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Barbara Cook: Let's Fall in Love

The legendary singer's often dazzling show at Feinstein's at Loews Regency features nearly a dozen songs new to her repertoire. logo
Barbara Cook
(© Denise Winters)
No one would blame Barbara Cook is she decided to stay home and rest on her considerable laurels -- including her recently bestowed Kennedy Center Honor -- or perform an entire program of tunes she has mastered over the past six decades. But such complacency simply isn't in the DNA of this remarkable artist. In her often buoyant, often dazzling new show, Let's Fall in Love, now at Feinstein's at Loews Regency she tackles nearly a dozen songs she has learned within the past few months, and we're all the better for it.

Not only, as she jokes, is this not a "Rodgers & Hammerstein" show; those songwriters are not the only familiar tunesmiths left out of the mix. Cook also eschews her favorite composer, Stephen Sondheim, along with Irving Berlin, Jule Styne, Lerner & Loewe, and many of the Great White Way's staples. (The Gershwins get a couple of numbers, including a spirited "I Got Rhythm," and there's the Harold Arlen-Ted Koehler tune that gives the show its title.)

Instead, Cook has chosen to include three so-called "list" songs in her act -- the trickiest kind for anyone to memorize, never mind an octogenarian. And despite a flub here and there, her delicious takes on "Makin' Whoopee" (complete with two verses I hadn't heard before), Dan Hicks' "I Don't Want Love" -- an ode to the joys of steak, tomatoes, and other mouth-watering delights -- and Cole Porter's tongue-twisting "Let's Do It" are smile-inducing highlights of the show.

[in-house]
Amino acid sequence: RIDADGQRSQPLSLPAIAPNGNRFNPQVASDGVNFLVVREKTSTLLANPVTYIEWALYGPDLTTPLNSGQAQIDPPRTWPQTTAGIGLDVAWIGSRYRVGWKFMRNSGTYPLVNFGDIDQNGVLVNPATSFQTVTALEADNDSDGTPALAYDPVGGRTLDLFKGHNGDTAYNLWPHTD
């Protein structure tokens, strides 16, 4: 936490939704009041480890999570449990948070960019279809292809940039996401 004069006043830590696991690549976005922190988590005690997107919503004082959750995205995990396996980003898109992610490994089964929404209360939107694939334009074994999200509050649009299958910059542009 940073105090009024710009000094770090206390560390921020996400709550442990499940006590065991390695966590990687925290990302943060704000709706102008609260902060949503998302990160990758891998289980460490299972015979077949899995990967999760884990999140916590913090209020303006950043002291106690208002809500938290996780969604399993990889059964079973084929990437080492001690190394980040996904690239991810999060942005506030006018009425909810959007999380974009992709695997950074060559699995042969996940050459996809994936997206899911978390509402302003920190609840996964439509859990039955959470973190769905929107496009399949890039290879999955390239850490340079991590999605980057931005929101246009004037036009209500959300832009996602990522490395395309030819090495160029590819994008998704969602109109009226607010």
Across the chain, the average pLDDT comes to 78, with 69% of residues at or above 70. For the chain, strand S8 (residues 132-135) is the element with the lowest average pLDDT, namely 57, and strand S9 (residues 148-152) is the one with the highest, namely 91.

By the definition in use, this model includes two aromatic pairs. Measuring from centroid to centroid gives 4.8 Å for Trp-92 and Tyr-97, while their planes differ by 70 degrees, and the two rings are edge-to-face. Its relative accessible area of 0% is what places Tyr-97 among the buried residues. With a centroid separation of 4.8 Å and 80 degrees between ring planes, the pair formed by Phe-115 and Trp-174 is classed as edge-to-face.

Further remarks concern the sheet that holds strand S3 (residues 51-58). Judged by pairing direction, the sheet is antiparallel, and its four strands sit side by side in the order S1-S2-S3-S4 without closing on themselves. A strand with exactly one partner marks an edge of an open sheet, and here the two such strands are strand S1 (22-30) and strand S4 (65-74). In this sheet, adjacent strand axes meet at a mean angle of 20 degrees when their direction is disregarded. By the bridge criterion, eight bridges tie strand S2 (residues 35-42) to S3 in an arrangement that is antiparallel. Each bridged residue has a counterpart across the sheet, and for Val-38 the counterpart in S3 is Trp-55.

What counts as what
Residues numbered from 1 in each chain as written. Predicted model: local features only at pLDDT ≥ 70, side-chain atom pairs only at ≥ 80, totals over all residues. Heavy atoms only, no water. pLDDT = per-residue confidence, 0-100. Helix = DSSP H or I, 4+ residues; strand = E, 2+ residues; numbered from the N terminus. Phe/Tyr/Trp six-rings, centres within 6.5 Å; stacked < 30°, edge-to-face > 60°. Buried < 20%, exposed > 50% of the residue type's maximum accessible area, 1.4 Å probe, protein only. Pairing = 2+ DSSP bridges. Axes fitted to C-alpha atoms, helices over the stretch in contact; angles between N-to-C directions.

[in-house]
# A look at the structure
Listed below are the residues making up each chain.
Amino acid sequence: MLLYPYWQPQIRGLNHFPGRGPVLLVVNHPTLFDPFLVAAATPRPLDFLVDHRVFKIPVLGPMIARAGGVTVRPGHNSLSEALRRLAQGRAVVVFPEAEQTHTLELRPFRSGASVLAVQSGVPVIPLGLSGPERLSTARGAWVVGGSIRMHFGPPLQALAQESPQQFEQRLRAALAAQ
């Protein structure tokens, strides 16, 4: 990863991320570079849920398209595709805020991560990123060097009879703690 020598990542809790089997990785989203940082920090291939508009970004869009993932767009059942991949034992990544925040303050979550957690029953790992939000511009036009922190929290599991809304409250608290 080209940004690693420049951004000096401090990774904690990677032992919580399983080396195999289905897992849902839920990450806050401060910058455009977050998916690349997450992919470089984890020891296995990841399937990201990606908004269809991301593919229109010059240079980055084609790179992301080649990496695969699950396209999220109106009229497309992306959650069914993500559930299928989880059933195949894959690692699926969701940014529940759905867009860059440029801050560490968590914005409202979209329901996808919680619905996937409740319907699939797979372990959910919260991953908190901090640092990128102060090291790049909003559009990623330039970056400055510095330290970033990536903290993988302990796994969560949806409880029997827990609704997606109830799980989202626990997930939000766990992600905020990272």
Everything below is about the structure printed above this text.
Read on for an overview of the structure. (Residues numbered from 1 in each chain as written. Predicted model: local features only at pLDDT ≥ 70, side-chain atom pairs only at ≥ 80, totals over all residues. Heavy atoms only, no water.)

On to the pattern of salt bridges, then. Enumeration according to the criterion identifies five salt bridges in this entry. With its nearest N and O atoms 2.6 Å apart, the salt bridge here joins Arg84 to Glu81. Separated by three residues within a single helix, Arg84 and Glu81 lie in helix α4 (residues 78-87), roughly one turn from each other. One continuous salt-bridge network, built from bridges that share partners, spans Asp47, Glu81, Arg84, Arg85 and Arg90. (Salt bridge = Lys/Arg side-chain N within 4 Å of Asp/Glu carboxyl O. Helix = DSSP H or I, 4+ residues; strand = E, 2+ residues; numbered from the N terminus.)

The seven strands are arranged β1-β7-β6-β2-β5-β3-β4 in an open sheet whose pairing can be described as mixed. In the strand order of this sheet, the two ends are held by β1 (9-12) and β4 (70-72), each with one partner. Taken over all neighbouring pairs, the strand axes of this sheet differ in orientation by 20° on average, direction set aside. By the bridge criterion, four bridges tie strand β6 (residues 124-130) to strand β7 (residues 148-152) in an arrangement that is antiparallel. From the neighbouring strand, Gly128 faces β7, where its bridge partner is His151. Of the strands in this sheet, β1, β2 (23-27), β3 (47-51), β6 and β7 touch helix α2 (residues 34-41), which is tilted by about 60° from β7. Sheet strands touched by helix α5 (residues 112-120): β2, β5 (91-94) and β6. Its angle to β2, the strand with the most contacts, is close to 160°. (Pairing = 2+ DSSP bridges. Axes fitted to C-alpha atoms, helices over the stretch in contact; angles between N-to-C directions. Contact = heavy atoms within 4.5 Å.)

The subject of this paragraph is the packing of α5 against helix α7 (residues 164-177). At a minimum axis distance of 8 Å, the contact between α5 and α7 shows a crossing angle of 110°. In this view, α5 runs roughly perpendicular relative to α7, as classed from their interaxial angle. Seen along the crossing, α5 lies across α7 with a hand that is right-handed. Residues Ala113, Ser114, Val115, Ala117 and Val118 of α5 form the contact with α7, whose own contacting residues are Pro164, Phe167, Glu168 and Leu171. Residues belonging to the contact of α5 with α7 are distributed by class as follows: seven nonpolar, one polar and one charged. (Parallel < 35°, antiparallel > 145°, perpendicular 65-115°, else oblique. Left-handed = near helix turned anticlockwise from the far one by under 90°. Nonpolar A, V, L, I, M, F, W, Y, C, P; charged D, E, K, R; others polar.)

What truly makes Cook special, though, isn't just how well her silvery soprano has held up, but the depth of feeling she brings to the material -- whether it be a classic ballad or something more unexpected, like a striking version of "The House of the Rising Sun" (performed a capella) paired with a verse of "Bye Bye Blackbird" or a heartfelt "Georgia on My Mind" (which Cook admits is slightly ironic, since she couldn't wait to get out of her native Georgia).

Consciously or not, Cook has selected four songs that some people (especially me) associate with Barbra Streisand -- "The Nearness of You," "When Sunny Gets Blue," and "Lover Man" (all of which were recorded on Simply Streisand), and the lesser-known 1933 gem "If I Love Again" (which Streisand sang in Funny Lady) and makes each one completely her own through her interpretative skills and gift for melody. It's as if no one else has ever sung them before -- or should sing them again!

Saving the best for almost last, Cook wrings every ounce of emotion from Artie Butler and Phyllis Molinary's anthem to survival, "Here's to Life," before wrapping up the show with a stunning -- and unplugged -- rendition of John Lennon's "Imagine," whose words continue to remind us of the possibility of a better world.

That said, for about 75 minutes, there's really no better place than Feinstein's, reveling in the consummate artistry of Barbara Cook.

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